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horrifying experiences. - this is newsday on the bbc. our headlines: the us state department has ordered an evacuation of the embassy in kyiv after military action... shots fired in burkina faso after a mutiny prompted an overnight curfew. the government of tonga says it's facing a long programme of rebuilding and reconstruction, just over a week after it was devastated by a volcanic eruption and a tsunami. foreign aid is arriving, but strict coronavirus—prevention rules are hampering humanitarian efforts, as the local authorities try to keep the virus out of the country. tonga's made up of a group of islands in the south pacific. entire villages were destroyed in the tsunami and some are still without basic
neccessities, like clean water. marian kupu is a reporter with broadcom broadcasting in tonga. she gave us the latest on how the island is coping. so far we have been receiving clean drinking water from nz and australia and there is a shipment coming in by plane and ship from japan, the uk, china, most big countries. when the aid arrives on our shores, we still apply a policy of covid because in the meantime we still have to be careful and cautious because covid is still out there in the world. the process of all these supplies and aid is left in a secure place for three days quarantine before we can actually take them out from these places for distribution.
it appears that importing covid is a huge concern which is also affecting humanitarian assistance for those affected by the eruption as well as the tsunami. yes, it is. we've just been told that we are expecting flights coming in from new zealand, but it is cancelled now. at three o'clock today the government will have a press conference updating on what is happening and where do we stand in terms of aid and supplies and how these supplies are being distributed throughout tonga and the areas affected. you are on the ground, your government is saying it will take a very long time to rebuild. what is your sense of how people are feeling at the moment?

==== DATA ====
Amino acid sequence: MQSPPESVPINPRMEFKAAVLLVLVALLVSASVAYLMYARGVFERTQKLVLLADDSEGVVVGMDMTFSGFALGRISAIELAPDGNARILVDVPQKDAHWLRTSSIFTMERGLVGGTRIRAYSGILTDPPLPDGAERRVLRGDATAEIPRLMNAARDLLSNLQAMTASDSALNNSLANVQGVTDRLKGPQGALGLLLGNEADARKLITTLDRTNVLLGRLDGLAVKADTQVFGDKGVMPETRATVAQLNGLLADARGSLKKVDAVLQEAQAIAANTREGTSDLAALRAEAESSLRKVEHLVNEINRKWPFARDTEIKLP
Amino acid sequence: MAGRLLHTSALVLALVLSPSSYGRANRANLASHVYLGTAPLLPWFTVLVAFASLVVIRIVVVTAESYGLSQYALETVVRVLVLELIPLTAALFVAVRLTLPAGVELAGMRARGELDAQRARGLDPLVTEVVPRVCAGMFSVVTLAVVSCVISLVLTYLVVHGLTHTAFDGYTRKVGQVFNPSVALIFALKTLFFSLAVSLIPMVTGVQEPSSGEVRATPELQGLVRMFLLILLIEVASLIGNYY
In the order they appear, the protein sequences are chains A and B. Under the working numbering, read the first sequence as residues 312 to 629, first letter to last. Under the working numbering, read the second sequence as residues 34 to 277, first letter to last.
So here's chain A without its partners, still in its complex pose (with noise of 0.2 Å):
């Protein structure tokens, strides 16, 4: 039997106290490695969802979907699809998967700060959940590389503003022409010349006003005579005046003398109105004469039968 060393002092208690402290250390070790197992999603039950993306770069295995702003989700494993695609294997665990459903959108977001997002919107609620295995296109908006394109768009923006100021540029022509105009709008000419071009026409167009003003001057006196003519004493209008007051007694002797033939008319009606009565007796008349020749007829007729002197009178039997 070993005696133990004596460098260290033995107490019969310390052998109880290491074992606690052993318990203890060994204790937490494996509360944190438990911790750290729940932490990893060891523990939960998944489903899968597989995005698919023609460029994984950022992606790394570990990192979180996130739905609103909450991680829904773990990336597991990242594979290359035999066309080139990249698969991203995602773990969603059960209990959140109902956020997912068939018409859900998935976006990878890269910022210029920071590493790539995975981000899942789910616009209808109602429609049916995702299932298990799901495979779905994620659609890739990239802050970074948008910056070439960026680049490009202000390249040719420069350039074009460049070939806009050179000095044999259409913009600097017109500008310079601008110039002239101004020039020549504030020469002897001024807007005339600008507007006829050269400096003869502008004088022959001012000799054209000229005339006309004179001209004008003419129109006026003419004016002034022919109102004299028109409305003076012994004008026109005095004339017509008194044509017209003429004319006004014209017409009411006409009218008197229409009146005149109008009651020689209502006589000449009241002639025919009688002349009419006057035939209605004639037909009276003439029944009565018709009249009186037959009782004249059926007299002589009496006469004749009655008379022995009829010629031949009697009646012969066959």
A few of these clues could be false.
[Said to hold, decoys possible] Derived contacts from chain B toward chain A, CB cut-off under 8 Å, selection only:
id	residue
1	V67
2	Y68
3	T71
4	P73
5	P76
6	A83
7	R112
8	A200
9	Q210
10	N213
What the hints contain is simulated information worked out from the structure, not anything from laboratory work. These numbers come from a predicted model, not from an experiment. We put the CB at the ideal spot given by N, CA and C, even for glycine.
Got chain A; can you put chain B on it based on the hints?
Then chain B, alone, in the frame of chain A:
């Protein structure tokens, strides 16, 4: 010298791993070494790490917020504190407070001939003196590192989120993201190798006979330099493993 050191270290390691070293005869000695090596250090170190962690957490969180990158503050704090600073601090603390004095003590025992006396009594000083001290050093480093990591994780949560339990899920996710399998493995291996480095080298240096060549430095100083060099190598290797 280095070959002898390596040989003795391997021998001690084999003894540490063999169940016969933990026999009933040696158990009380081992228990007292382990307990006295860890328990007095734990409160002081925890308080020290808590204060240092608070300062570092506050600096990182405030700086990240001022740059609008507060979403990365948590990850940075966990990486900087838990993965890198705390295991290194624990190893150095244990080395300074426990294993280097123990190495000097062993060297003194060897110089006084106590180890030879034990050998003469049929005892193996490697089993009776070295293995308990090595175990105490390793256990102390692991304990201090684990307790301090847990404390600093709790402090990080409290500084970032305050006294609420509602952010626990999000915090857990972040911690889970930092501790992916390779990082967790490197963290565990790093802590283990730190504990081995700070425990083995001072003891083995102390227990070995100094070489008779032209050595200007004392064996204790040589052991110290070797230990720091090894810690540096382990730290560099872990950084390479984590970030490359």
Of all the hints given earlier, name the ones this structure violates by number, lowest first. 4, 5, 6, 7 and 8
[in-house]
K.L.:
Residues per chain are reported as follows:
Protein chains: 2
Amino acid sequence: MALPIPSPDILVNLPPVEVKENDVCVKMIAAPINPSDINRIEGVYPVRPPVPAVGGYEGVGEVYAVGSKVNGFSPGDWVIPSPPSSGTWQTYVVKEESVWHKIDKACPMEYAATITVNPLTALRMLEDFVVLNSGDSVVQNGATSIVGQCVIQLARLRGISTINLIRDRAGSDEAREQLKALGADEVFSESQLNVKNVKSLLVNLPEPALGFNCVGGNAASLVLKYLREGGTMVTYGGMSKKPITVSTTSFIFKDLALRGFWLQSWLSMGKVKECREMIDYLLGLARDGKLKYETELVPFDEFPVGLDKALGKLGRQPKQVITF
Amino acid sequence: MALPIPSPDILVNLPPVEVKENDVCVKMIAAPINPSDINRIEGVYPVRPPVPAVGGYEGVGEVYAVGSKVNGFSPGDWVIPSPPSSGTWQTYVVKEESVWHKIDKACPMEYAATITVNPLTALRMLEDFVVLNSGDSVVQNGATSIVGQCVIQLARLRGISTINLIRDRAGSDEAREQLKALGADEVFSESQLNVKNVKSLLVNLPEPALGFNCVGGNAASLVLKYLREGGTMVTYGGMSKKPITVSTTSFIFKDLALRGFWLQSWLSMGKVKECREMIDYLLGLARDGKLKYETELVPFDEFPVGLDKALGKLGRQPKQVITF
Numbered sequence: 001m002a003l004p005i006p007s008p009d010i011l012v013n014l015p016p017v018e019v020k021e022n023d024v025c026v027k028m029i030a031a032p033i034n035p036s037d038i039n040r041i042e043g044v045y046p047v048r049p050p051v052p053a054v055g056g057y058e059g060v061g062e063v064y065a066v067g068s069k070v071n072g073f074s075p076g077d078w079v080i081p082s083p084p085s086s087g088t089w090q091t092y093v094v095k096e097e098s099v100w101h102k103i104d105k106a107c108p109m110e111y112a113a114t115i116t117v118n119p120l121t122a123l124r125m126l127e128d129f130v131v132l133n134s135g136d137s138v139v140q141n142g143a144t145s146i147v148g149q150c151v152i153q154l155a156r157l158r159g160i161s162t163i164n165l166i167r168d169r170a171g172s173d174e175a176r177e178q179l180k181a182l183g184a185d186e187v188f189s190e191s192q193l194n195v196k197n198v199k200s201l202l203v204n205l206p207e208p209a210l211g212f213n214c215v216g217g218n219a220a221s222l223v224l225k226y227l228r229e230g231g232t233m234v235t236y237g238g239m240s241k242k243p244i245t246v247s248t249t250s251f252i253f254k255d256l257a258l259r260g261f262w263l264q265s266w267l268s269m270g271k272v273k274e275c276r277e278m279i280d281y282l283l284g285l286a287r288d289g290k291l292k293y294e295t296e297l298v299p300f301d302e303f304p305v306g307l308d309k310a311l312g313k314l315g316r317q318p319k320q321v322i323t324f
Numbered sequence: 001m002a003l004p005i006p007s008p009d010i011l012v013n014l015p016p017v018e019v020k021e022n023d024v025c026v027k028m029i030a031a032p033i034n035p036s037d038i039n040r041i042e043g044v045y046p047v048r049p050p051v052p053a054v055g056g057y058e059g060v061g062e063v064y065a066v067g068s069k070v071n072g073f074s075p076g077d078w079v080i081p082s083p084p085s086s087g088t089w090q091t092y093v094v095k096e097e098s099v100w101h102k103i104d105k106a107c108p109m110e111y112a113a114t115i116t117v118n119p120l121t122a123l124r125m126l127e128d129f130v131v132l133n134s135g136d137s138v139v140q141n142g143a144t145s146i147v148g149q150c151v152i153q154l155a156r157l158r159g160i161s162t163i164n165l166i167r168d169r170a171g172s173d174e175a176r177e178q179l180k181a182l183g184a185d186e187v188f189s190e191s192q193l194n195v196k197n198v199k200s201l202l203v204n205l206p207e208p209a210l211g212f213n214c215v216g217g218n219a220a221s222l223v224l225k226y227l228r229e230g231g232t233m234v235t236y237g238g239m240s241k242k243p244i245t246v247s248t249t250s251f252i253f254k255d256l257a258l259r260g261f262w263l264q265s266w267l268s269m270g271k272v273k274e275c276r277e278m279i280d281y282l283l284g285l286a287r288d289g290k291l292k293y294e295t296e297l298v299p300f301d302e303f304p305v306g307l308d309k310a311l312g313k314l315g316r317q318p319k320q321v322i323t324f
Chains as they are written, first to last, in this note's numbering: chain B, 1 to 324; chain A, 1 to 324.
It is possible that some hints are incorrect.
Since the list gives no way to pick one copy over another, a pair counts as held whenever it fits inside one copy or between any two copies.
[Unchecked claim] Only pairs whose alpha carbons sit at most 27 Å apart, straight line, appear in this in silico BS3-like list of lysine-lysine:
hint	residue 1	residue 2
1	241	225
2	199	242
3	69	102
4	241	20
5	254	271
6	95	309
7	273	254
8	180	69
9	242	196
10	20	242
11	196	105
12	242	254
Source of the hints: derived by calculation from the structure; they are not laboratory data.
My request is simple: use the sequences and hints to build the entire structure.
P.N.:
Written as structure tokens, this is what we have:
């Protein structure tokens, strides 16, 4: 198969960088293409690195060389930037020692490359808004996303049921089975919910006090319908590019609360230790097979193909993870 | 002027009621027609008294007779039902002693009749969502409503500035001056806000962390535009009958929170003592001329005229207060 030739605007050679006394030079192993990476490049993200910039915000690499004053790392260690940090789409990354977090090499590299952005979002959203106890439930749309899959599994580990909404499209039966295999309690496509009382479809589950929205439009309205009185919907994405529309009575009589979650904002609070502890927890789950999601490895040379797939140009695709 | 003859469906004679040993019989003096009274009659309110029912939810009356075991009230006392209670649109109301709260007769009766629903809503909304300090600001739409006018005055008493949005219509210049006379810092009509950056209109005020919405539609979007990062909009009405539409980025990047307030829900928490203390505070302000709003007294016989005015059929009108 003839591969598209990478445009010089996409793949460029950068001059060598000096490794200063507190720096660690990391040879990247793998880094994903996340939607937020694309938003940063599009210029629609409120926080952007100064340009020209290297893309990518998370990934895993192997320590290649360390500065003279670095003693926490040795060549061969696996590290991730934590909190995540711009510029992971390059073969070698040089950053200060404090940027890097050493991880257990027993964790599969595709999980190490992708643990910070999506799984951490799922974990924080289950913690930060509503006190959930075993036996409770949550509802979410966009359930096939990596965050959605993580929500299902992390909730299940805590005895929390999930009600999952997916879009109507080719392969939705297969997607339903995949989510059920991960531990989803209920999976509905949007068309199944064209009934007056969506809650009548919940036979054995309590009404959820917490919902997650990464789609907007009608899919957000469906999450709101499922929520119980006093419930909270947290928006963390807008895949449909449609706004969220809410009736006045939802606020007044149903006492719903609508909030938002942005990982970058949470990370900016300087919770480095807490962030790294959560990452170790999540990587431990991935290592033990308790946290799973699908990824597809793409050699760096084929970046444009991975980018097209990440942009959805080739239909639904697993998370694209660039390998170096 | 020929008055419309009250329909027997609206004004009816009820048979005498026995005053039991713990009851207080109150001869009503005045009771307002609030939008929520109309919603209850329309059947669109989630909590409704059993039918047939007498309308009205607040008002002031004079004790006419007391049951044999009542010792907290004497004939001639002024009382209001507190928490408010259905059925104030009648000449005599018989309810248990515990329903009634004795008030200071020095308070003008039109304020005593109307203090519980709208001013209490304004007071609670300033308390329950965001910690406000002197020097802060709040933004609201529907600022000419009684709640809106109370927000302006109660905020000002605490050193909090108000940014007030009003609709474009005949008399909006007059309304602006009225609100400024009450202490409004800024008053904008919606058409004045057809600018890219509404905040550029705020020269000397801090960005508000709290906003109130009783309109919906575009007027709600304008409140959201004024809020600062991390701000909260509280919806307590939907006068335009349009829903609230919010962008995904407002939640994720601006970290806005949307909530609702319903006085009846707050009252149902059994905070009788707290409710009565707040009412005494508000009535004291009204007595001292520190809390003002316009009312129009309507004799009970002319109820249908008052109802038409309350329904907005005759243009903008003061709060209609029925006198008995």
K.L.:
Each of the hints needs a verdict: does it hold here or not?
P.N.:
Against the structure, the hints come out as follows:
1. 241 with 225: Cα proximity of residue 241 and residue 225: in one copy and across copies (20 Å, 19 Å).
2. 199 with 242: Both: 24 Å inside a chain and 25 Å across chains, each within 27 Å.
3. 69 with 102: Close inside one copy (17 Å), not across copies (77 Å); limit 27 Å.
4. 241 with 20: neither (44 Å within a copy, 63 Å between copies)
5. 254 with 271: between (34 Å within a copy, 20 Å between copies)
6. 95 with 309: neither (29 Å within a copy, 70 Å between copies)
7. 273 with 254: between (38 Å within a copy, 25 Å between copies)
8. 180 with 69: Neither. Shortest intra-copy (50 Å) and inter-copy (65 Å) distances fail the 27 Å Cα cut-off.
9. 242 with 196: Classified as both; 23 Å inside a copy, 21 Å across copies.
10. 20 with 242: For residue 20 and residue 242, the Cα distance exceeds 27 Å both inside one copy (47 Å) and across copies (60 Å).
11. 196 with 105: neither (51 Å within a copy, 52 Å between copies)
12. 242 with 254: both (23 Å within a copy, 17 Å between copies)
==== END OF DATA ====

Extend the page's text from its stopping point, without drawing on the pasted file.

i visited the most damaged site here, a village on the western side and all the crops have been destroyed, there is nothing left in terms of bananas and yams and tapioca which was due to be harvested in may, but as of now there is nothing left. the village is his majesty�*s estate so his majesty proposed one of his estates, if the people would like to relocate to this place which is higher and further away from the western side, which is very low, so that's the outcome since last week what we've been told and we have learned that his majesty and the royal family have stepped
up and tried to give these people supplies. his majesty the king and the queen visited and read emotional and she offered supplies of drinking water and clothing and the government followed through and giving away 500 of the currency to areas which are very damaged. thousands of people in vietnam have been mourning the death of the influential zen buddhist monk and peace activist thich nhat hanh, who's credited with bringing mindfulness to the west. he was 95 and rose to prominence in the 1960s as an opponent of the vietnam war. his reach within buddhism is seen as second only to the dalai lama. jatinder dhillon reports. in vietnam's imperial city of hue, mourners chanted
as the zen master who brought mindfulness to the west was carried high on the shoulders of monks at the pagoda. with the smell of incense in the air, thich nhat hanh's coffin was placed in the meditation hall. buddhist monks recited prayers and followers stood in silent contemplation of a remarkable life. the prolific buddhist teacher and poet with a gentle yet powerful voice turned peace activist in the 1960s and opposed the vietnam war. he would end up spending nearly four decades in exile in france. thich nhat hanh persuaded civil rights leader martin luther king to speak out against the conflict. king called him an apostle